There was a time when matters of politics and religion were deemed not to be appropriate topics for conversation at the dinner table in polite society.
There is now a debate – reframed around politics and morality – as to whether the same taboo should still apply in the world of investments. It lies at the heart of the increasing focus on environmental, social and governance (‘ESG’) issues.
The task of the fund manager has historically been to allocate capital to investments that will maximise the risk-adjusted returns on behalf of their clients. Companies that generate good profits and good growth make for good investments. The ‘hard’ levers of financial risk and return should determine which investments make the most sense from a capital allocation perspective, and it’s not for the fund manager to judge on the basis of other ‘softer’ factors.
In today’s world of stakeholder capitalism and ESG investing, however, many fund managers believe it is absolutely incumbent upon them to consider not just the financial returns that a company will make, but how it generates those returns and the external costs incurred to the planet and people.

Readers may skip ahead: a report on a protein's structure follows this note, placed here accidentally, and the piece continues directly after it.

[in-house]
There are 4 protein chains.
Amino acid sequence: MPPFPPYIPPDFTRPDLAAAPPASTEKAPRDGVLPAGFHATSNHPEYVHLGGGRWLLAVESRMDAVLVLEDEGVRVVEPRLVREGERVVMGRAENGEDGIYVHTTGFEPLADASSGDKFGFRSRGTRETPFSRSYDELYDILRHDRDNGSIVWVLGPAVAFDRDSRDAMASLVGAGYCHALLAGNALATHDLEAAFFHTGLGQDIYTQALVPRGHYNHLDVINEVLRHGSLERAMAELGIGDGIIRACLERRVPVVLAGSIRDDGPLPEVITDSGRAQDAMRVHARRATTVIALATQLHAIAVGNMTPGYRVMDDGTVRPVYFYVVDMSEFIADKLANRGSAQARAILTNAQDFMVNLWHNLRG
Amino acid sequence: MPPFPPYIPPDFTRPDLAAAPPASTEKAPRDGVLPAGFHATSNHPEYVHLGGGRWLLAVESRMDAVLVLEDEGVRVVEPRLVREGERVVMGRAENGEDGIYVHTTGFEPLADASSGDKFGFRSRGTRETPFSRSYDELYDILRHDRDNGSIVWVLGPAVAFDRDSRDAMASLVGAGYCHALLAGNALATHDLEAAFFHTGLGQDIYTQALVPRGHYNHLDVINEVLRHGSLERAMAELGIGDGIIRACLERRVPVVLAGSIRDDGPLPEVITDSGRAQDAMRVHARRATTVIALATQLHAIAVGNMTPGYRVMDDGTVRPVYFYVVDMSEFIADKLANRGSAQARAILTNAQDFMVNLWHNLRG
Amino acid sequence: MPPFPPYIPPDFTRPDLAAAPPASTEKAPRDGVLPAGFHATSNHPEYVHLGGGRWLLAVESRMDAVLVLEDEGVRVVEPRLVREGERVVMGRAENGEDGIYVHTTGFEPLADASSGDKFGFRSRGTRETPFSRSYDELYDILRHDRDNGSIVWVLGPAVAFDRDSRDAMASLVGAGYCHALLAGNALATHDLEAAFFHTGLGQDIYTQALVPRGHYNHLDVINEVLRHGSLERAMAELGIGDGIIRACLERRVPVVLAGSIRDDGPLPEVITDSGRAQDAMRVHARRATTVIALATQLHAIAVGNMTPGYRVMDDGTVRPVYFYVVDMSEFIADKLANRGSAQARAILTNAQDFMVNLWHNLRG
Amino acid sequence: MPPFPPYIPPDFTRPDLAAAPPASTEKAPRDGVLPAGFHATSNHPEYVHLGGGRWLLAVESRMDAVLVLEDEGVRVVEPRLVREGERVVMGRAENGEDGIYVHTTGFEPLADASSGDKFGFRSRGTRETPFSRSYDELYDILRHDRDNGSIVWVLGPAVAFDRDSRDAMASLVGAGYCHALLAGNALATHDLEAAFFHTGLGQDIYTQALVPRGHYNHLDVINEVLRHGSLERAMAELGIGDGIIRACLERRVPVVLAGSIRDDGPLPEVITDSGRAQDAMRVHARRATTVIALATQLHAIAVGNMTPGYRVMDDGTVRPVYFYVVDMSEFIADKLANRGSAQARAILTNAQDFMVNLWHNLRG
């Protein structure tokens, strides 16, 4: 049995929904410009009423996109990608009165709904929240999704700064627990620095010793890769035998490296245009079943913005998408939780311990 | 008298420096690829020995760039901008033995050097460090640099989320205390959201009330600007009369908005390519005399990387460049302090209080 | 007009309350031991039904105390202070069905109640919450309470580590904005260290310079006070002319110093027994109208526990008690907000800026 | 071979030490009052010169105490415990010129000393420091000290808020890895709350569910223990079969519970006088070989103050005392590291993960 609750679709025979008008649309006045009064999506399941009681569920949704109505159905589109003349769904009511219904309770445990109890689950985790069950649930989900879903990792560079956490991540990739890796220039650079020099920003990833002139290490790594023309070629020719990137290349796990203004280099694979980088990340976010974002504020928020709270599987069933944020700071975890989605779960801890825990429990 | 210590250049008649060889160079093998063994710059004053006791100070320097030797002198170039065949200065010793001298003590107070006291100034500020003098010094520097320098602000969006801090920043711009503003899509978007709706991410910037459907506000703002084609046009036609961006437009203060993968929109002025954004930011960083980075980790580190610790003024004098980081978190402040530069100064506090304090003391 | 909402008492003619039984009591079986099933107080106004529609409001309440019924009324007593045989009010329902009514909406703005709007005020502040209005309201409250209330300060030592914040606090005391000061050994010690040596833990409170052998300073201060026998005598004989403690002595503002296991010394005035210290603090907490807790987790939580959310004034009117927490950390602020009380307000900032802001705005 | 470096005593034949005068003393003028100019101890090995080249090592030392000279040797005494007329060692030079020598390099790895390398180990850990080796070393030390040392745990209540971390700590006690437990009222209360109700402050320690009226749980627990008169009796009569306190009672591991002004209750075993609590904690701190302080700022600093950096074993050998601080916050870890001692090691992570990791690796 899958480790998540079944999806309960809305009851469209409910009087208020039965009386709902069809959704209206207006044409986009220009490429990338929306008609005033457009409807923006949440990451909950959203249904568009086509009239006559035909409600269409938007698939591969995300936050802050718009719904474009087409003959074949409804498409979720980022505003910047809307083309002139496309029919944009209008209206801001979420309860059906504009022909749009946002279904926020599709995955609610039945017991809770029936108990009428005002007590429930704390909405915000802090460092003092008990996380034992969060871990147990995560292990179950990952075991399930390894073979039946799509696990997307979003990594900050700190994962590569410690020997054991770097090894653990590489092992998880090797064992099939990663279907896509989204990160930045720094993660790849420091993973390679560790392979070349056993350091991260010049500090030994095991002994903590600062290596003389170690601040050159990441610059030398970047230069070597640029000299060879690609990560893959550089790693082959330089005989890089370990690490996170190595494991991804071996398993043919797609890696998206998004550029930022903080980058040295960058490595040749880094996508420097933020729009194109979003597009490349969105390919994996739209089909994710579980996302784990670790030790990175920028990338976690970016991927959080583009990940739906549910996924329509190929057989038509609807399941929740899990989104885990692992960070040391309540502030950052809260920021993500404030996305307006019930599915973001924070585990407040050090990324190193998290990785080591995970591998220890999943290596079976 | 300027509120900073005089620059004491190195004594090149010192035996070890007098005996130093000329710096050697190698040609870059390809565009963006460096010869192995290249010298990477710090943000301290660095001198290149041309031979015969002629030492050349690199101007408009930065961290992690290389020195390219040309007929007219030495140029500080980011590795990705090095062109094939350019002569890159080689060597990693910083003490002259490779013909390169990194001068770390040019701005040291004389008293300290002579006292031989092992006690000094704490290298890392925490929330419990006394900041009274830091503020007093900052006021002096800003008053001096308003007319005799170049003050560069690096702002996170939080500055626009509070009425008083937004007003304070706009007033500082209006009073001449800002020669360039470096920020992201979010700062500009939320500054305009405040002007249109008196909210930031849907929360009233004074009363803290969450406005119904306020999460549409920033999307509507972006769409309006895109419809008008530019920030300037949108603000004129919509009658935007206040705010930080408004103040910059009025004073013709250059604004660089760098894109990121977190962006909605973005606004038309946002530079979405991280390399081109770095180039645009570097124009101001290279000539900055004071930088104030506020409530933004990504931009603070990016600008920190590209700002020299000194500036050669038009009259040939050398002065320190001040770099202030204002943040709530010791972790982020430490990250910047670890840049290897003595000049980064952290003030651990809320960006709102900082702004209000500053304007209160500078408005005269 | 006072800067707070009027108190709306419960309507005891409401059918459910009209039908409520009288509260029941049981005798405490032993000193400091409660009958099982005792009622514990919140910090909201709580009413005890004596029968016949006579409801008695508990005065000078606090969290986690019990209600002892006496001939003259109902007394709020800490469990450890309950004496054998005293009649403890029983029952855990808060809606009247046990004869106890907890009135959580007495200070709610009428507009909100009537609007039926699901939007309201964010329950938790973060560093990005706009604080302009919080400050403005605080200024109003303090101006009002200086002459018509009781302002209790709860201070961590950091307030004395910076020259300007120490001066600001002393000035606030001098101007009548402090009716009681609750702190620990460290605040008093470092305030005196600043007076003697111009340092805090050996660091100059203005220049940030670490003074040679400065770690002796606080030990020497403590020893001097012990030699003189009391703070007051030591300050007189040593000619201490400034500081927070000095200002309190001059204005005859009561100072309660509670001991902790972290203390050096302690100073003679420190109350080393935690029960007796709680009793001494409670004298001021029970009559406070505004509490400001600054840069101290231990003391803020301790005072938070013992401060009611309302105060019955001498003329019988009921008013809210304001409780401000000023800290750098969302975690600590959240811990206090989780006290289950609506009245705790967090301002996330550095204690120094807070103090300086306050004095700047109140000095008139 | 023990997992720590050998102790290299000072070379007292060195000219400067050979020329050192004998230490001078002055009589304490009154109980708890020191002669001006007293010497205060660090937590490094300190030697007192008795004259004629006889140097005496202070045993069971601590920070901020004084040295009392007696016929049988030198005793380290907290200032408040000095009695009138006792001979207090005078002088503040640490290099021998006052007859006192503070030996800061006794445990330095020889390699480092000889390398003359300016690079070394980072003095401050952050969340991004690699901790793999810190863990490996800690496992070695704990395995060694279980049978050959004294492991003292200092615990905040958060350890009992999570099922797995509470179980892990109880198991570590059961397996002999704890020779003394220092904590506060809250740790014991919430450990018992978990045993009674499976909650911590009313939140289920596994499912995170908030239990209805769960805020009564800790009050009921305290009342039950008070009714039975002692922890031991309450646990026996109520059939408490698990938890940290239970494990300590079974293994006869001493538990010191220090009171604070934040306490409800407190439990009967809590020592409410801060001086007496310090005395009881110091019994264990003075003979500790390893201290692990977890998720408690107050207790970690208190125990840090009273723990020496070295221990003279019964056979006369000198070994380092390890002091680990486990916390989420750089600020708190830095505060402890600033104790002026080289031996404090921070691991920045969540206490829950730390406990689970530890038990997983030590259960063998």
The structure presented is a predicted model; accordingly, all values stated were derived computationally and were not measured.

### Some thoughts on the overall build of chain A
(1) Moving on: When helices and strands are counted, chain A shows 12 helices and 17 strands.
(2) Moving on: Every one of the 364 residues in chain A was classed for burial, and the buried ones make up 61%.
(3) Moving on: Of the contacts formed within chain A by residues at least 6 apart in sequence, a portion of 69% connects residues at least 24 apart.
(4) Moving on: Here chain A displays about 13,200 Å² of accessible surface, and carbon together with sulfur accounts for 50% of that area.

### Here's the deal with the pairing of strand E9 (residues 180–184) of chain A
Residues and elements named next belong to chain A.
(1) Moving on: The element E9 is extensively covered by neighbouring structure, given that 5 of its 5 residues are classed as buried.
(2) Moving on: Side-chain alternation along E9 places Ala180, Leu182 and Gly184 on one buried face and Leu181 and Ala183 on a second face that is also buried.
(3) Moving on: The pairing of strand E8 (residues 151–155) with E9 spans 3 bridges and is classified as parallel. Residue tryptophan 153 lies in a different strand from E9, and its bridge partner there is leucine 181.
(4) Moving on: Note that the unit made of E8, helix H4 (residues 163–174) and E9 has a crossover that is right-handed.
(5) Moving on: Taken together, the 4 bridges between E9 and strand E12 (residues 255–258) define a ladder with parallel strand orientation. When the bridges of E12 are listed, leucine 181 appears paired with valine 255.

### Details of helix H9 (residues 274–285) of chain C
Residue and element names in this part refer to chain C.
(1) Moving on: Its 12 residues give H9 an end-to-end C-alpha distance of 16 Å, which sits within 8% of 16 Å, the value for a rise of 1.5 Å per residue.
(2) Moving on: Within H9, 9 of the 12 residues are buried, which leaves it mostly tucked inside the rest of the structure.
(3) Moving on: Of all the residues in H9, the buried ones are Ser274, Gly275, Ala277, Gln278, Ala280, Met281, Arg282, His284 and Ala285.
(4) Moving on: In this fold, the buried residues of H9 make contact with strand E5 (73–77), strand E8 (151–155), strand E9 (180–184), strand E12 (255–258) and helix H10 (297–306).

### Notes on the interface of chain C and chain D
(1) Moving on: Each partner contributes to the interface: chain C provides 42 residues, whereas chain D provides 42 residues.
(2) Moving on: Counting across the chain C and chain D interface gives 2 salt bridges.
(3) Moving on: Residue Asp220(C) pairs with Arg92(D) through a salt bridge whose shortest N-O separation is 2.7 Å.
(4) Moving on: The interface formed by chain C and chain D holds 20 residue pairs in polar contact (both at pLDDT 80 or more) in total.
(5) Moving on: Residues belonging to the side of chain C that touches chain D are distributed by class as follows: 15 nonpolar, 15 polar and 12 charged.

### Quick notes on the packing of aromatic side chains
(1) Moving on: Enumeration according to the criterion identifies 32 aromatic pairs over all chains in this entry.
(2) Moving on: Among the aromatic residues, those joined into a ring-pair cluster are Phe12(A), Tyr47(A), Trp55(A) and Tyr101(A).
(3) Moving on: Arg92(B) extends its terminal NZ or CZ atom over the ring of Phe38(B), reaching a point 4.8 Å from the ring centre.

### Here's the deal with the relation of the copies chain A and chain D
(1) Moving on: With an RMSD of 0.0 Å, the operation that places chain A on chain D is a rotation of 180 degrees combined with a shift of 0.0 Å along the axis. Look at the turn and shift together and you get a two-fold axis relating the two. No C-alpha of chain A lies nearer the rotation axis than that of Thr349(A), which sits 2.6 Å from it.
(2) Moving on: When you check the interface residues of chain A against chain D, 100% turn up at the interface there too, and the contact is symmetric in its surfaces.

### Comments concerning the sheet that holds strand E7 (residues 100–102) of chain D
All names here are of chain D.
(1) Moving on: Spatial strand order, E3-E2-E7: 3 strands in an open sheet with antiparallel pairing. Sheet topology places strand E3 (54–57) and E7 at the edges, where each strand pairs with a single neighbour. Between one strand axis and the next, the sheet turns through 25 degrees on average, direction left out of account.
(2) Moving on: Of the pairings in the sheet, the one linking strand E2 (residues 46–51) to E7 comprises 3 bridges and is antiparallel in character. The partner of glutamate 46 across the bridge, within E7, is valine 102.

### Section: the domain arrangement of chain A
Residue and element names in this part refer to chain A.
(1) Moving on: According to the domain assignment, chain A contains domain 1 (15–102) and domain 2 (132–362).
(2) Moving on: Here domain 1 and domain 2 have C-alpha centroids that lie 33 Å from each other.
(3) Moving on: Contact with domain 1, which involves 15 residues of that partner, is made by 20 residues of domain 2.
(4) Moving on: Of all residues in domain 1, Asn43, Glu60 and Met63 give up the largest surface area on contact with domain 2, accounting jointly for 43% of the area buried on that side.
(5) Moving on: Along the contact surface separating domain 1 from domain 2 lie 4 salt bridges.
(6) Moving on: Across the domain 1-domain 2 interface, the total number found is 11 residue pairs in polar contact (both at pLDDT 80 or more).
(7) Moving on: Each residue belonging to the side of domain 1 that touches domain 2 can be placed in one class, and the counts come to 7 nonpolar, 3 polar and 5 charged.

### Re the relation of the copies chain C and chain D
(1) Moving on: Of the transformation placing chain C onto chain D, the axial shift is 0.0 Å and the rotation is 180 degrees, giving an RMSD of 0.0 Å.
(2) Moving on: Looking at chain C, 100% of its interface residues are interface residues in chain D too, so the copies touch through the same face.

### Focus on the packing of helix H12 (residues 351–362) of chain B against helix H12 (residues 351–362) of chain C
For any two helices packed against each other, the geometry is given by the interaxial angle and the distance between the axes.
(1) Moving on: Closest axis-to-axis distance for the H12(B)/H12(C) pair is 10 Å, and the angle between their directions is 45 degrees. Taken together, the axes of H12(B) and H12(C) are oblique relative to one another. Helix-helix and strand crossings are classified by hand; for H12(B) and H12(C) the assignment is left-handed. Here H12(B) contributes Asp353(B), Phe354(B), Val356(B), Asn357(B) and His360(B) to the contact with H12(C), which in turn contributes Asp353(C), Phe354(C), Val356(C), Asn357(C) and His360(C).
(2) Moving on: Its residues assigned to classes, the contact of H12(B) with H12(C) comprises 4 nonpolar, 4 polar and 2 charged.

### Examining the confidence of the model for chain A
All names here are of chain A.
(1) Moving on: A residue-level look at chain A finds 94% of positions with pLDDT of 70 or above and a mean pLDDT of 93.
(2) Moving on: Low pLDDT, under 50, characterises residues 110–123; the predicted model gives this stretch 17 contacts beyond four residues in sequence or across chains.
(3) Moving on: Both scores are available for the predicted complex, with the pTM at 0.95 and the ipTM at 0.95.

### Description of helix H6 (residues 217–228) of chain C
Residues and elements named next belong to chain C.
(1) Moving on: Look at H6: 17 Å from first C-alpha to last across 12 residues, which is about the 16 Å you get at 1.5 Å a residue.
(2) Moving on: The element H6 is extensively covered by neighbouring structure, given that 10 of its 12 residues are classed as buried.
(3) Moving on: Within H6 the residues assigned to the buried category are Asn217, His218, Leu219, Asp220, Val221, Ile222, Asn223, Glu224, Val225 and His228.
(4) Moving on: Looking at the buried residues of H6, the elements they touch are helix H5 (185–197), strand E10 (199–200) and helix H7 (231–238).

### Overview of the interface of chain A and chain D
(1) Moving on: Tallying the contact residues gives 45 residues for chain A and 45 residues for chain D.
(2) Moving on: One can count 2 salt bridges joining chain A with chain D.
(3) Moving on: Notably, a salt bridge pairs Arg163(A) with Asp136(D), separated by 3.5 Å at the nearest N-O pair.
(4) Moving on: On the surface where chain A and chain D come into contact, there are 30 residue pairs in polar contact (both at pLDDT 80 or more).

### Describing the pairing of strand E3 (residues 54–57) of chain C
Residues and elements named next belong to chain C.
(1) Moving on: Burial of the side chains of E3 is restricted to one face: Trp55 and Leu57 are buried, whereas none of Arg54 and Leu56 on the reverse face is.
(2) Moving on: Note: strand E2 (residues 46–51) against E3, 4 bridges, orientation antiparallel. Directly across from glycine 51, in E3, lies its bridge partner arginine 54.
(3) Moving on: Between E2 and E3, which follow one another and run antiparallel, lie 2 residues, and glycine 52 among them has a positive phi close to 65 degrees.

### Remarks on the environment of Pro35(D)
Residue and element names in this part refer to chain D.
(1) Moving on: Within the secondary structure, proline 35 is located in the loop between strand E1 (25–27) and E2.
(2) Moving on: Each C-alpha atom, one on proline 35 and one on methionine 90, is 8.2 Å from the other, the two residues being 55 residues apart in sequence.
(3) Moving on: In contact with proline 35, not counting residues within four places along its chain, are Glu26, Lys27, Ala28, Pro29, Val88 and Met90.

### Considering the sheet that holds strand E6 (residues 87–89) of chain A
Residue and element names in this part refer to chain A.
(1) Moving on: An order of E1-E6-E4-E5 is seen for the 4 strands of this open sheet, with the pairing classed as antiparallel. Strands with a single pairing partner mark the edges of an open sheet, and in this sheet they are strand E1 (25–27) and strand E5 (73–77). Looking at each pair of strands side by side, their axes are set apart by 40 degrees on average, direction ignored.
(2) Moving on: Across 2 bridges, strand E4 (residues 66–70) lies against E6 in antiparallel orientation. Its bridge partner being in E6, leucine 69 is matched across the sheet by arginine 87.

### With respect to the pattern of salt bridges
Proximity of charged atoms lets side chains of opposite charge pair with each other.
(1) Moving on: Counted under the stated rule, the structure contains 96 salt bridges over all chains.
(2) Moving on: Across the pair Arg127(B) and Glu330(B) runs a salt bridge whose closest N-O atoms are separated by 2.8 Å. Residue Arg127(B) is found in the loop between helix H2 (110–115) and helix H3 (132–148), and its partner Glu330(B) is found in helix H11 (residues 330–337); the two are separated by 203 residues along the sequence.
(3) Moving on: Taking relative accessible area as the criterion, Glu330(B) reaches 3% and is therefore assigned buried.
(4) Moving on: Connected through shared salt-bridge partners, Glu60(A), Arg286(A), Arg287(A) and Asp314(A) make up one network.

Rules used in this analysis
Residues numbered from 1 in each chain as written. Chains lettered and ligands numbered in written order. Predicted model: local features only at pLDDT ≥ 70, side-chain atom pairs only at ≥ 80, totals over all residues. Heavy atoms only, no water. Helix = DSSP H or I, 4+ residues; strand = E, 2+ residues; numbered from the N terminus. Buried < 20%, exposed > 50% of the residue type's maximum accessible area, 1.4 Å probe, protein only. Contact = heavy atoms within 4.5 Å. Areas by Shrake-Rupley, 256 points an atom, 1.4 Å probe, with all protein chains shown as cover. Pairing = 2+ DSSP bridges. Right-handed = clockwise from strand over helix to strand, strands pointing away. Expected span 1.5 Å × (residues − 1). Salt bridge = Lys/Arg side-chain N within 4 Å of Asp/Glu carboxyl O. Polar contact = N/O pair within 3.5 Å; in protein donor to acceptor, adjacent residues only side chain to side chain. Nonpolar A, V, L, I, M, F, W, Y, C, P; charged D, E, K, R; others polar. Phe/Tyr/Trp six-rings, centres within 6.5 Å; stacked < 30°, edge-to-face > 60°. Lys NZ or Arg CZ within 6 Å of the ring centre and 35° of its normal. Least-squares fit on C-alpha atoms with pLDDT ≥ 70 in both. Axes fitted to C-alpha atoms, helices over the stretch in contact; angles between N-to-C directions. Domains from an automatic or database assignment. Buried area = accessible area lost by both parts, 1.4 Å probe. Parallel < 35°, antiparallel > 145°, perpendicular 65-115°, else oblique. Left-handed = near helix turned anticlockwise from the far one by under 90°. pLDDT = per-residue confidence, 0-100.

My own view is that there is in fact a false dichotomy here, now that stakeholder/ESG genie is out of the bottle. Every investment decision taken by every fund manager is in some way framed by politics and morality, and to pretend otherwise is therefore pointless.
What has changed rapidly in the investment world is the move from this being implicit to it being explicit. Fund managers are increasingly expected to state their position and disclose their performance on non-financial metrics, the same way as electrical goods are now required to carry energy efficiency ratings and companies have to state whether or not their packaging is recyclable.
I derive a sense of optimism from this trend which I think reflects a more fundamental shift in the relationship consumers want to have with the companies whose goods and services they purchase. I see it as being central to our fight against climate change, pollution and global resource depletion.
So the more questions I have from clients about these issues the happier I am: feel free to bring them up, even at the dinner table!
The value of an investment with St. James’s Place will be directly linked to the performance of the funds selected and may fall as well as rise. You may get back less than the amount invested.